‘Far from it. The humans here are merely servants. The Barons themselves come from somewhere else, somewhere in there.’ He indicated the cloudy black edifice of Dis that loomed on the skyline. ‘They came after Firestorm. Slowly at first, until they’d filled Exdis. Then they stopped. Makes you wonder, doesn’t it? A hundred years, and they’re still waiting. See that?’ Fulgar pointed to the high spindly turrets that jutted up from the centre of the city like ornate needles. ‘That’s what they’re waiting for. Orders from the Ice Palace.’

‘Ice Palace?’ Sarah said sarcastically. ‘So what’s in there, then? The Snow Queen?’

‘Don’t be ridiculous,’ Fulgar said.

‘You don’t know, do you?’

‘I know enough.’

‘You been in there?’

‘Never mind where I’ve been.’

‘Like I thought. You’re just like all of them, aren’t you? Just doing what you’re told, awaiting orders.’

‘I’ll tell you what,’ Fulgar said, ‘when we get to the city walls, why don’t you knock on the door and ask for the Grand Tour? Come back and tell us what it’s like!’

He tugged on the chains to make them move more quickly.

Fulgar took a winding route down alleys and side-streets, sometimes backtracking at roadblocks or making hasty short-cuts through occupied houses. When they had first arrived in Exdis, his path had been aimed directly at Dis, but now something had changed.

‘Where are we going?’ David said.

‘Dis,’ Fulgar hissed. He hauled them around a corner and onto a wider street. He paused for a moment then began to march back towards the mountains.

‘Cerberites?’ David said.


‘The machines. We’re not going towards Dis. Have we been seen?’

‘No. Change of plan.’

They continued until they came to a large two storey building. Its lower floor was little more than a concrete and iron skeleton, the walls between the main girders having been smashed out and left as ragged open holes. Rusting reinforcement bars sagged down from the concrete, or jutted out from the supporting legs like badly broken bones. Dozens of people filled the building.

‘Wait here,’ Fulgar said. He unhitched the chains from his belt and secured them to a ring mounted on one of the support legs of the building. ‘Don’t try to escape and don’t talk to anyone. Without me, you wouldn’t survive five minutes.’

‘Don’t bet on it,’ Sarah said. ‘There’s two of us, and we’ve done OK so far. Your little water trick didn’t get you very far, did it?’

‘I mean it. You think you’re badly off with me? Go ahead, toddle off on your own. This place’ll eat you alive.’

‘We’ll see,’ Sarah said.

Fulgar looked at David. ‘Look after her, will you? I need you both alive,’ he said. ‘I’ll not be long.’

Fulgar went in through an opening in the wall and disappeared into the crowd. Sarah and David huddled against the wall trying to keep out of the worst of the icy rain, but without much success. It lashed down in great grey sheets now, cascading off the building above them to ripple the filthy streams in the gutters at their feet.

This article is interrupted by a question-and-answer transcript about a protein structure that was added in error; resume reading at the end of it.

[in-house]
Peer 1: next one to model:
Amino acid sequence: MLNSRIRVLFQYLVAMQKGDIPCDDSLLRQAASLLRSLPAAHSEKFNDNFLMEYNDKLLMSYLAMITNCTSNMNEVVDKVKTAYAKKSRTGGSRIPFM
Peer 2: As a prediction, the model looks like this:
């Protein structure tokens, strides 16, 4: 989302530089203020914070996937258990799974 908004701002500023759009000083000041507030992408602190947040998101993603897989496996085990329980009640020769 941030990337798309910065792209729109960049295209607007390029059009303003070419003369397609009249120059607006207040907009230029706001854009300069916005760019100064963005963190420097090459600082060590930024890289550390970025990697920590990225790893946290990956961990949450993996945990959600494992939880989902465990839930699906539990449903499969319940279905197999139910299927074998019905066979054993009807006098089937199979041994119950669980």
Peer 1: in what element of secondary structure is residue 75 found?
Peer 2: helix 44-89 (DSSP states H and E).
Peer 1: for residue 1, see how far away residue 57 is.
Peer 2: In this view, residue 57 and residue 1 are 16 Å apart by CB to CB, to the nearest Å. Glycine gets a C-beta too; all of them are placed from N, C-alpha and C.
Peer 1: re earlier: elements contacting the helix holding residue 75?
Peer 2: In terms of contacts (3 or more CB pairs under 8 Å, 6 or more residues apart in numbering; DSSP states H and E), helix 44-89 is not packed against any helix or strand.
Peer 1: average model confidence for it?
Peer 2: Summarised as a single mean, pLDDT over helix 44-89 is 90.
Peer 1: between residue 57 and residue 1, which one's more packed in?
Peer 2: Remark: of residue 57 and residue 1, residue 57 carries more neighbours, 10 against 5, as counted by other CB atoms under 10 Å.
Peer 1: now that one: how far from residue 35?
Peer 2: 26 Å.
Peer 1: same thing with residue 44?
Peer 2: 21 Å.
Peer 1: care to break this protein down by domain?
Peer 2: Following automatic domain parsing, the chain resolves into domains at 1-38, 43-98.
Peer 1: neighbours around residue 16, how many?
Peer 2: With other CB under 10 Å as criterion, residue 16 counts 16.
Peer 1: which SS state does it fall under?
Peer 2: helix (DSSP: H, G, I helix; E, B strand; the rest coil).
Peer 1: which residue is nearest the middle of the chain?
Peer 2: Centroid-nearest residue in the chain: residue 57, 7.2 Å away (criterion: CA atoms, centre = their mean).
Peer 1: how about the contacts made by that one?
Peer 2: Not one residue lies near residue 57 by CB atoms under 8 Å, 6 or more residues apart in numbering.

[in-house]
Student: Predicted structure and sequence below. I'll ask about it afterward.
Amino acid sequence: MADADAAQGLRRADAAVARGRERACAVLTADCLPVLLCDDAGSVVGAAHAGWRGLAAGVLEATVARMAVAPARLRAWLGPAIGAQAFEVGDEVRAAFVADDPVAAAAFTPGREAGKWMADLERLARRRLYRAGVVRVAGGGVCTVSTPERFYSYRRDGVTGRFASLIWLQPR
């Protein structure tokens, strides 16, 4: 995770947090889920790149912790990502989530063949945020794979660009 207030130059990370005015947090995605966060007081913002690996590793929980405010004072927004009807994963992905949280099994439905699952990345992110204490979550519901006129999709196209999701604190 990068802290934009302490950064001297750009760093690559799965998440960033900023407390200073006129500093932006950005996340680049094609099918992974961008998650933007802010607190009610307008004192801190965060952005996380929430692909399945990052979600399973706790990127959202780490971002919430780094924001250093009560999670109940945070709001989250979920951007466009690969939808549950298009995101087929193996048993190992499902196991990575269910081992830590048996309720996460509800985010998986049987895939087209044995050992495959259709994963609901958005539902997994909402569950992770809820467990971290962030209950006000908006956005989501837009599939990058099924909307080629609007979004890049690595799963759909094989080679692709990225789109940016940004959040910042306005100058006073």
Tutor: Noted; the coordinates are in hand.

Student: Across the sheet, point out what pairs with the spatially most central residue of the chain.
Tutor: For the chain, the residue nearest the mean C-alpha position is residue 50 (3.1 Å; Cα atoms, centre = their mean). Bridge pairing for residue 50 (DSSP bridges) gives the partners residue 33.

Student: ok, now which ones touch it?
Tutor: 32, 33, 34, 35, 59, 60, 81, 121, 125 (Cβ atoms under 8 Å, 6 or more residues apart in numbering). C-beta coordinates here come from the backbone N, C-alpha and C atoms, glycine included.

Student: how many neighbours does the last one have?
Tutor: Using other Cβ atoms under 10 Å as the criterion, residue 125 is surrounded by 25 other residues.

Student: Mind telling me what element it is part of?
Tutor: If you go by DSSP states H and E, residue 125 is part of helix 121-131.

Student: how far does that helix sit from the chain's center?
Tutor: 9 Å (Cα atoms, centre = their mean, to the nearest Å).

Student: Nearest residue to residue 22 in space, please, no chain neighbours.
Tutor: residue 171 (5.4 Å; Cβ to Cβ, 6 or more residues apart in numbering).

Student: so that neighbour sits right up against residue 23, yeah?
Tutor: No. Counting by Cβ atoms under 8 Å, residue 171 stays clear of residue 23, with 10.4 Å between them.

‘I reckon we could make a run for it,’ Sarah said. ‘This could be the best chance we get.’ She rattled the chain against the ring Fulgar had attached it to. There was no lock, not even a tie. The chain had simply been wrapped loosely around the ring and left dangling.

‘Where to?’ David said. ‘If we plan to go on to Dis, we might as well go with Fulgar — at least he’s going to offer us some protection. And we can’t get back through the mountains.’

‘So he says. Maybe we could. Or maybe we could go around them. Come on, look: he’s not exactly tied us up.’ Again she rattled the chain.

‘You think that’s just chance?’ David said. ‘If he’s not made much effort to keep us prisoner it’s either because he thinks we’d be too scared to escape, or because he wants us to. My bet is it’s the latter.’

‘Oh, right, so based on your in-depth psycho-analysis of this freak we’re not even going to try?’

‘No. Our best hope is to do exactly the opposite of what he wants us to do. It got us out of the court, didn’t it?’

‘God, David, I hope you’re right. I’ve got a really bad feeling about this.’

David shook a droplet of water from the end of his nose. He shivered and looked up at the grey and white tops of the mountains. Whatever Fulgar’s agenda, their guide (or guard) had brought them through the courts unscathed and they were still together. And then there was that note. That note in his handwriting. However Fulgar had got hold of it, there was a connection between them. So far at least it looked like a reasonably benign one. Weird, but benign. He was just going to have to let this one play out — stay alert, but let it run its course.

‘You need to trust me, and maybe him too,’ he said. ‘This is going to work out.’

‘I still say this might be the only chance we get,’ Sarah mumbled, more to herself than to David.

‘You’re forgetting one thing… surprisingly. We still don’t know where Toby is. He could be on the other side of this building and we’d never know. Our best chance of finding him is with Fulgar. If we’re still waiting here when he comes out, he’s going to have to do something with us, and it doesn’t look like he’s thinking of killing us. At least not yet. Whoever, or whatever he thinks we are, he wants all three of us together.’

‘So we’re just going to wait here for whatever he decides to do to us next?’